With the loss of international tourists and overseas travel out of the question, WA’s renowned Swan Valley is in the midst of a new influx of visitors – local residents.
“While there is no denying the loss of international tourists due to COVID-19 has affected a range of Swan Valley tourism businesses, the silver lining is that Perth residents and visitors from around WA have rediscovered the region,” City of Swan chief executive Jeremy Edwards said.
Mr Edwards said the city worked closely with regional tourism organisation Destination Perth to implement back-to-back marketing campaigns to encourage visitors to enjoy a daycation or a staycation in the Swan Valley, about 25 minutes east of Perth.
“The Swan Valley is absolutely heaving at the moment. People, when they can’t travel, are realising that the Swan Valley offerings nowadays are truly world class,” Sandalford Wines chief executive Grant Brinklow said.
“It’s not just wine and food, but cultural experiences and accommodation.”
Using lockdown to renovate
After using last year’s COVID-19 WA lockdown to complete a $3.5 million-plus renovation, one of WA’s oldest wine companies, Sandalford at Caversham, unveiled its new-look restaurant, bar, cellar door and private tasting room five weeks ago.
“The timeline was impacted by covid. We were ready to pull the trigger at the time of covid and making this happen and doing the build to coincide with the winter months, which is typically a quieter time out here,” Mr Brinklow said.
“So, what happened was covid hit, we were closed and we decided not to reopen when many others did.
“Without the volume of tourists it wasn’t going to be viable to open so we made the commercial decision to say, ‘OK, keep it closed, do the rebuild and put a few more dollars into stage two’.
“In the end, the restaurant was closed for nine months, so it was a long time.”
The new-look restaurant now opens in the evenings from Friday to Sunday, in addition to daily lunch.
There is also a new family friendly element, with a wine barrel-themed playground for children and a pizza oven.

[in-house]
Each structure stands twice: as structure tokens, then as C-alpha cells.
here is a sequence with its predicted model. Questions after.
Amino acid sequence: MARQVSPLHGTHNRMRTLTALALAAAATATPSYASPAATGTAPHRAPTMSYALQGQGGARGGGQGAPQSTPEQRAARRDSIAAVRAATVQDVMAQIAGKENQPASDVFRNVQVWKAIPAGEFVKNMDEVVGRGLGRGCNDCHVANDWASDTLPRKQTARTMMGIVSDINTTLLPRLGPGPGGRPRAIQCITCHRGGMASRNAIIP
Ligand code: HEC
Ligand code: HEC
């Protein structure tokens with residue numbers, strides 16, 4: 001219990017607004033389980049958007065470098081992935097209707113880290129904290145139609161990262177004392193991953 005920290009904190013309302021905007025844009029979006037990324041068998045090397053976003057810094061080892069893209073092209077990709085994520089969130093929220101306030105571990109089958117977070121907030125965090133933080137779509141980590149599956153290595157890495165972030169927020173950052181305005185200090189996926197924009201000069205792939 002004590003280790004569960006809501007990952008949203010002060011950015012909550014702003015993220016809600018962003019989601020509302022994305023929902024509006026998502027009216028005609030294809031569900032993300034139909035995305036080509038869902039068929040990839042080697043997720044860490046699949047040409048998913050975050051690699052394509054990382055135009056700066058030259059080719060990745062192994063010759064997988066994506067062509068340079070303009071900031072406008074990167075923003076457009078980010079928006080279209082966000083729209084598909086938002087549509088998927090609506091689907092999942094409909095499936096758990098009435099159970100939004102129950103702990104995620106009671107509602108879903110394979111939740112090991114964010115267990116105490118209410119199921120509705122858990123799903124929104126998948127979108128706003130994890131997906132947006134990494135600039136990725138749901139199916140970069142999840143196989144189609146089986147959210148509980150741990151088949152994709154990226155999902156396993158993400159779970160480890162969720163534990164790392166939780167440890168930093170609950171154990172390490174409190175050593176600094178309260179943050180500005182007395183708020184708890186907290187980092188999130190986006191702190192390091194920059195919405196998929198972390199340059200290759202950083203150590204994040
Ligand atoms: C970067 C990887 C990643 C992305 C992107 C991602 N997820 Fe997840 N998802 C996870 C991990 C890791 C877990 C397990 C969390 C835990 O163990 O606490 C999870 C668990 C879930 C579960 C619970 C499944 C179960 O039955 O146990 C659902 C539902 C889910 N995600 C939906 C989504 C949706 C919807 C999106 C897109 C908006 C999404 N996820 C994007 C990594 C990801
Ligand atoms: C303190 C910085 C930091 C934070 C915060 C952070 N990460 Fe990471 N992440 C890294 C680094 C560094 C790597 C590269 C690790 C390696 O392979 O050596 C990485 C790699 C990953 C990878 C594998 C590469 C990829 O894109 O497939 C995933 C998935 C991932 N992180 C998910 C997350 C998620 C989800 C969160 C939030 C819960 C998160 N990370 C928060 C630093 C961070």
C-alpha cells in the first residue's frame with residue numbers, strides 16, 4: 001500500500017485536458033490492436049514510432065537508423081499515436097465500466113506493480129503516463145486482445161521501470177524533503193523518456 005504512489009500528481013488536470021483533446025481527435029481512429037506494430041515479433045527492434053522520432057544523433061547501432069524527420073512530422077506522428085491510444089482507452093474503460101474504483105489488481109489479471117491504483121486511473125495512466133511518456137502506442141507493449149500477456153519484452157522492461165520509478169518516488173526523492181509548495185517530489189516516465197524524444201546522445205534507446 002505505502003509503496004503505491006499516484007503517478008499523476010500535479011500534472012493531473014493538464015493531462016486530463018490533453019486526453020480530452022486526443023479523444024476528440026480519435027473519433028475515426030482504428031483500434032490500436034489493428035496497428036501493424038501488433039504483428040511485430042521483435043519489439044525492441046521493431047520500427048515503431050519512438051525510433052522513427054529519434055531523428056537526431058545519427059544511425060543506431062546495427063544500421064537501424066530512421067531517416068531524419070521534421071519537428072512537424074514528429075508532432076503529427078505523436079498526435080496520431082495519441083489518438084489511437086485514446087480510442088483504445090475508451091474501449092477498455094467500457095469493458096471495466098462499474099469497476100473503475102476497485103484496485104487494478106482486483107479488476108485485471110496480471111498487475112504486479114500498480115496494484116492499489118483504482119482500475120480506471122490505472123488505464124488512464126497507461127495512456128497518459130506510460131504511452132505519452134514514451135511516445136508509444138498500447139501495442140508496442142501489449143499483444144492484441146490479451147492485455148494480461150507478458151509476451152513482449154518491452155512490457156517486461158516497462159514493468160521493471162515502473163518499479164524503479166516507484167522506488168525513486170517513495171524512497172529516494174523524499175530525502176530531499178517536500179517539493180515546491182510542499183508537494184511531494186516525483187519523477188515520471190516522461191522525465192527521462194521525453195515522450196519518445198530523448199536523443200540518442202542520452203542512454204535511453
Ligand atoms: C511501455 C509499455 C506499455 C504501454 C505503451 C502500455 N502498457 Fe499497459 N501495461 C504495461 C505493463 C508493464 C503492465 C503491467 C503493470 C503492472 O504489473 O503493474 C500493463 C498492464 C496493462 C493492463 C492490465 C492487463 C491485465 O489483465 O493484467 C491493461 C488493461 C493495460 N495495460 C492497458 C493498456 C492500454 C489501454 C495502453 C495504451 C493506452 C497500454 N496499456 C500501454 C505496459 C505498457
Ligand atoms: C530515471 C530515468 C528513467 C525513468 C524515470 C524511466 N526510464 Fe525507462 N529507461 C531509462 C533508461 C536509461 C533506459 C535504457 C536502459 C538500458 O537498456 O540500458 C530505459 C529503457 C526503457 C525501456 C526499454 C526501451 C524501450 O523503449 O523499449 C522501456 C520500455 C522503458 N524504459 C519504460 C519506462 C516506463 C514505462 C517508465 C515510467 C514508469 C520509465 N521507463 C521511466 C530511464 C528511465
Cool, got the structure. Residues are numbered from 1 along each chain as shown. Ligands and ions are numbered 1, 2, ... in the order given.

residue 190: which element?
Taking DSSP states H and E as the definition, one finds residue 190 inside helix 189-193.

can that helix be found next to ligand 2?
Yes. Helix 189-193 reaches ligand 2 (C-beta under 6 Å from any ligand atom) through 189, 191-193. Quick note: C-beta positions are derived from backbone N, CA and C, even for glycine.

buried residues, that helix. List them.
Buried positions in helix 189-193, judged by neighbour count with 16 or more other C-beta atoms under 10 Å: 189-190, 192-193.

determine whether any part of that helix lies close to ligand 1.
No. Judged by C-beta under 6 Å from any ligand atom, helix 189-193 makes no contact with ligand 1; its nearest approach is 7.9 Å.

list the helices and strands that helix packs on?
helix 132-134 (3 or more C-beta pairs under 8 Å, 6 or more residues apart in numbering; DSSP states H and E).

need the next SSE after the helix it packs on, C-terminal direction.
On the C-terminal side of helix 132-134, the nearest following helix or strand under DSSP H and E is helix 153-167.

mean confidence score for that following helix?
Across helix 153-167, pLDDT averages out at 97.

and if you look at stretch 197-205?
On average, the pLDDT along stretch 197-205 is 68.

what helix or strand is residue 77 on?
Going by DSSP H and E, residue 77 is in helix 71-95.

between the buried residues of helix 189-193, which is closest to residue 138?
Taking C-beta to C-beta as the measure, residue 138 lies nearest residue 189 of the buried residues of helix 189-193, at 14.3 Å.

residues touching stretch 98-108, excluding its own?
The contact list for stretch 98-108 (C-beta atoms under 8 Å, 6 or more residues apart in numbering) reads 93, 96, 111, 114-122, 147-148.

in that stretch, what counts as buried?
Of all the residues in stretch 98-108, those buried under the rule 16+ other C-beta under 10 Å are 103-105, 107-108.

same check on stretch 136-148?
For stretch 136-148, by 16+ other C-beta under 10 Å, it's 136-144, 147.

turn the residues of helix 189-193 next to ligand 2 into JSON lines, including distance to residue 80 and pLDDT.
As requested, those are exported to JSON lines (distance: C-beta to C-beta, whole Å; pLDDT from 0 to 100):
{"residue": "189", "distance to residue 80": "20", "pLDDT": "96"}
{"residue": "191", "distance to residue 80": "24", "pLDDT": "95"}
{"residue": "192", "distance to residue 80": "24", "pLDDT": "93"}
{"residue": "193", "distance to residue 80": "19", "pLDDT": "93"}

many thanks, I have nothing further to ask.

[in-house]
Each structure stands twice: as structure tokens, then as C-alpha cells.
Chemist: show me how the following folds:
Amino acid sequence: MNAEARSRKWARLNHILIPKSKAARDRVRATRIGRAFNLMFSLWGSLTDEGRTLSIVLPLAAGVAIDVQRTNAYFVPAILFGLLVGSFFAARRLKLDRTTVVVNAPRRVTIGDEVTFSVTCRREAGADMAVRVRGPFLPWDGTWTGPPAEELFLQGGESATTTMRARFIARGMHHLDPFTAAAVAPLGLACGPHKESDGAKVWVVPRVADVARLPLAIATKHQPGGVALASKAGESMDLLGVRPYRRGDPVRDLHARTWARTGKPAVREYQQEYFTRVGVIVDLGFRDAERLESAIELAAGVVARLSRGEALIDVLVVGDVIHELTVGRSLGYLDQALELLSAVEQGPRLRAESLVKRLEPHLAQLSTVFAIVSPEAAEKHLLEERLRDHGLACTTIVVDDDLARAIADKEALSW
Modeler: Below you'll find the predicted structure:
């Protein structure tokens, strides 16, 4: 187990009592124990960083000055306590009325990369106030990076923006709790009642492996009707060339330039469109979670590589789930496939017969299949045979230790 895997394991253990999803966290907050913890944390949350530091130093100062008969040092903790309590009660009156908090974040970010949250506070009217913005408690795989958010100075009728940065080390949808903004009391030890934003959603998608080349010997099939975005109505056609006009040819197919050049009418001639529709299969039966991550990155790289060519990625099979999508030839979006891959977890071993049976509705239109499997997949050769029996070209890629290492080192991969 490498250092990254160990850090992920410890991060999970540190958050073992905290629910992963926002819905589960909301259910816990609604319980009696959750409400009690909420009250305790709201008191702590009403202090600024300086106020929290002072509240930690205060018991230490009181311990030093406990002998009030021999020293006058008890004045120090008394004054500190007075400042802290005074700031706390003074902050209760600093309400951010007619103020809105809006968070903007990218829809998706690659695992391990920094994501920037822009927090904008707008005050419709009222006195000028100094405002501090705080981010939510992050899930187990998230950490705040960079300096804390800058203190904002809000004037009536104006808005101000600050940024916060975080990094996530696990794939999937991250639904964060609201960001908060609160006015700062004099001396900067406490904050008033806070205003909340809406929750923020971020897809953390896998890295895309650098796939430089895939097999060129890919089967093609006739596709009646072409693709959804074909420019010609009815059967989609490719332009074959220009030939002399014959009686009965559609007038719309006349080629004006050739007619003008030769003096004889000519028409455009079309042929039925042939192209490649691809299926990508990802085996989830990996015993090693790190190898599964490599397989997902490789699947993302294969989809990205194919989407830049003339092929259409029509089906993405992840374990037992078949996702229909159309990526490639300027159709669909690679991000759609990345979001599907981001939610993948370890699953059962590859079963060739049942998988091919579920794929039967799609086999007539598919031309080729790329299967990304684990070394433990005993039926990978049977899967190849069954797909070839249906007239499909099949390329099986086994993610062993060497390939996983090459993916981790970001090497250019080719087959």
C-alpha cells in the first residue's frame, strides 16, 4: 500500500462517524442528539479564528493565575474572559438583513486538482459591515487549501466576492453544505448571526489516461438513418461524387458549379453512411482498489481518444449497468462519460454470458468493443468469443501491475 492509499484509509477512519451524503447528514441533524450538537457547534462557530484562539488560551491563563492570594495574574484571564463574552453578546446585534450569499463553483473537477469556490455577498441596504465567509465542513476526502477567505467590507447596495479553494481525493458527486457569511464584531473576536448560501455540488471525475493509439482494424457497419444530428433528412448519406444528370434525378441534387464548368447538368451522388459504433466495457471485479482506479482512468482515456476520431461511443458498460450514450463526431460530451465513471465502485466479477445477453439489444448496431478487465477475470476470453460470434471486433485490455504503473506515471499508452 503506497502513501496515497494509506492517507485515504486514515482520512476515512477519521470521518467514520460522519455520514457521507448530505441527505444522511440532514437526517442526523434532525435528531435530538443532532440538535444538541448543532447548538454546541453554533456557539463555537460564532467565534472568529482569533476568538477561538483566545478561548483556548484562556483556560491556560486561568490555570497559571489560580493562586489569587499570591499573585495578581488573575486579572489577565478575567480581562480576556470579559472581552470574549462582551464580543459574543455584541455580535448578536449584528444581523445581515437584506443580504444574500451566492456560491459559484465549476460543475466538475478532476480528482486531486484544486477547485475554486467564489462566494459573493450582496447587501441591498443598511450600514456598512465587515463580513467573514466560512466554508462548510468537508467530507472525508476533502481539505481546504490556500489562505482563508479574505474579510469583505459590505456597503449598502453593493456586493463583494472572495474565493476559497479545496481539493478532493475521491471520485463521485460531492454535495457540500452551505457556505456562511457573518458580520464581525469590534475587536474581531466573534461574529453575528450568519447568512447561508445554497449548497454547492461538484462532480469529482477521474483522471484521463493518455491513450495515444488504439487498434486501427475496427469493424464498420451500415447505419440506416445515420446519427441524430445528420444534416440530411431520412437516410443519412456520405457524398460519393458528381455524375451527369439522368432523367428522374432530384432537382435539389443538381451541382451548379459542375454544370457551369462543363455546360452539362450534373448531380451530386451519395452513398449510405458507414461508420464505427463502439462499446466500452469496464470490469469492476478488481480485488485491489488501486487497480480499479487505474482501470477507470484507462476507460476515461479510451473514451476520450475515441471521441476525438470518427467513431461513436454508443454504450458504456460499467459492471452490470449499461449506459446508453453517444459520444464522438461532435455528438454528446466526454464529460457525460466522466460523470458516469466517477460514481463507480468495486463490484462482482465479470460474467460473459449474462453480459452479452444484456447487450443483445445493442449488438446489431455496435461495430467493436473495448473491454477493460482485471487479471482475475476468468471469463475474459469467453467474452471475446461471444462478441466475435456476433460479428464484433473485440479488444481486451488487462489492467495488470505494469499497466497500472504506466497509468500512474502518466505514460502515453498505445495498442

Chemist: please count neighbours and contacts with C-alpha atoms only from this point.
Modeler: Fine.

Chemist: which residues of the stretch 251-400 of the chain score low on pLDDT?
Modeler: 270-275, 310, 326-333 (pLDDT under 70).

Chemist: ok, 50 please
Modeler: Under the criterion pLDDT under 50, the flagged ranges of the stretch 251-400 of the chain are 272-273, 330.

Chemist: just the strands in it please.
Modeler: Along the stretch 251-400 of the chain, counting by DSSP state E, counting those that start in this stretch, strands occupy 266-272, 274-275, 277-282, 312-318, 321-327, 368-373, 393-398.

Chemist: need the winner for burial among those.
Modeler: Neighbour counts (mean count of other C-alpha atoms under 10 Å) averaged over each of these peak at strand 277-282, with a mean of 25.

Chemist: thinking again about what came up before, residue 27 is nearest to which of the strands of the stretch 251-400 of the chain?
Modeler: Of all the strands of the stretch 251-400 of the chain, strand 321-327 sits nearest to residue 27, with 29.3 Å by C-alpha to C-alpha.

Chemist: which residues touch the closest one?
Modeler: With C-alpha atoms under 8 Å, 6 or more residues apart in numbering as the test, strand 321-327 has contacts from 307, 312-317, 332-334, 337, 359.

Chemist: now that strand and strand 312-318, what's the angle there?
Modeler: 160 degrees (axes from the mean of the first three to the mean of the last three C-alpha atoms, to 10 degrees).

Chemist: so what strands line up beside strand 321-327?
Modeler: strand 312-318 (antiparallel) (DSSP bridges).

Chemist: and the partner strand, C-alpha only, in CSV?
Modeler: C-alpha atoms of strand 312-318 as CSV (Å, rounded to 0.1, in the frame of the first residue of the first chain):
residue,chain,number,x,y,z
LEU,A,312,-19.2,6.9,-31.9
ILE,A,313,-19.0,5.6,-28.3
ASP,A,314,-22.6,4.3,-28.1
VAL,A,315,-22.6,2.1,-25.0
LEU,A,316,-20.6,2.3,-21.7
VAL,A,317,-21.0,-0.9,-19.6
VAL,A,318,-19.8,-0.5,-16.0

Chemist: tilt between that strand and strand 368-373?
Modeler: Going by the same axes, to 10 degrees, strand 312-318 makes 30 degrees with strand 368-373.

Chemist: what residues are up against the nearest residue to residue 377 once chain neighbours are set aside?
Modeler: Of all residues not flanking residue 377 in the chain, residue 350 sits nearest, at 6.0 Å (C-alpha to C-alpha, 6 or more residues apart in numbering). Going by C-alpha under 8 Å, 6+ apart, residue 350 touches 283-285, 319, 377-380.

“It really is a massive change to the style of offering we’ve had before. It reflects what we think West Australians are looking for,” Mr Brinklow said.
In Middle Swan, Oakover Grounds unveiled Swan Valley Market Place, where customers could order gourmet fine food during last year’s covid lockdown as a way to continue to welcome customers and keep staff working.
“We were thinking about doing Market Place but covid made us do it overnight,” Oakover Group executive chairman Graeme Yukich said.
Mr Yukich said while Oakover’s visitor numbers were up 50 to 60 per cent, revenue for functions, such as weddings, had declined more than 60 per cent.
For Kim and Rupert Phillips, the owners of The House of Honey in Herne Hill, COVID-19 has significantly affected their international and interstate markets — 60 per cent of the business’s market was made up of international and interstate visitors.
“But, the 40 per cent that is local has kept us going and supporting out staff,” Mrs Phillips said.
“Covid has pushed us to do things a bit differently. We have opened up our online sales to international and before we didn’t have that.”
They used a City of Swan grant to invest into their business during the break.
“We made a tasting station, which I called, ‘Our covid-safe tasting station’, so we could be in more control of the tasting environment but also the tasting area is slightly elevated so in the future, when our international customers come back we can sort of pay more attention, it’s a more of a platform we can speak to bigger groups,” she said.
Mr Edwards said some wineries had better than usual trade over winter and several new venues opened in the lead-up to summer, including Bailey Brewing and The Mallard Duck.
He said based on 2019 visitor research, the Swan Valley welcomed 5.4 million visitors per year and 94 per cent of them were from WA.
“During lockdown last year, people looking for safe, wide open spaces to explore led to an increase in website visitors downloading the Swan Valley map, cycling trail, parks and picnic guide and Guildford walk trails,” he said.
“Interest in this material continues to be strong.”
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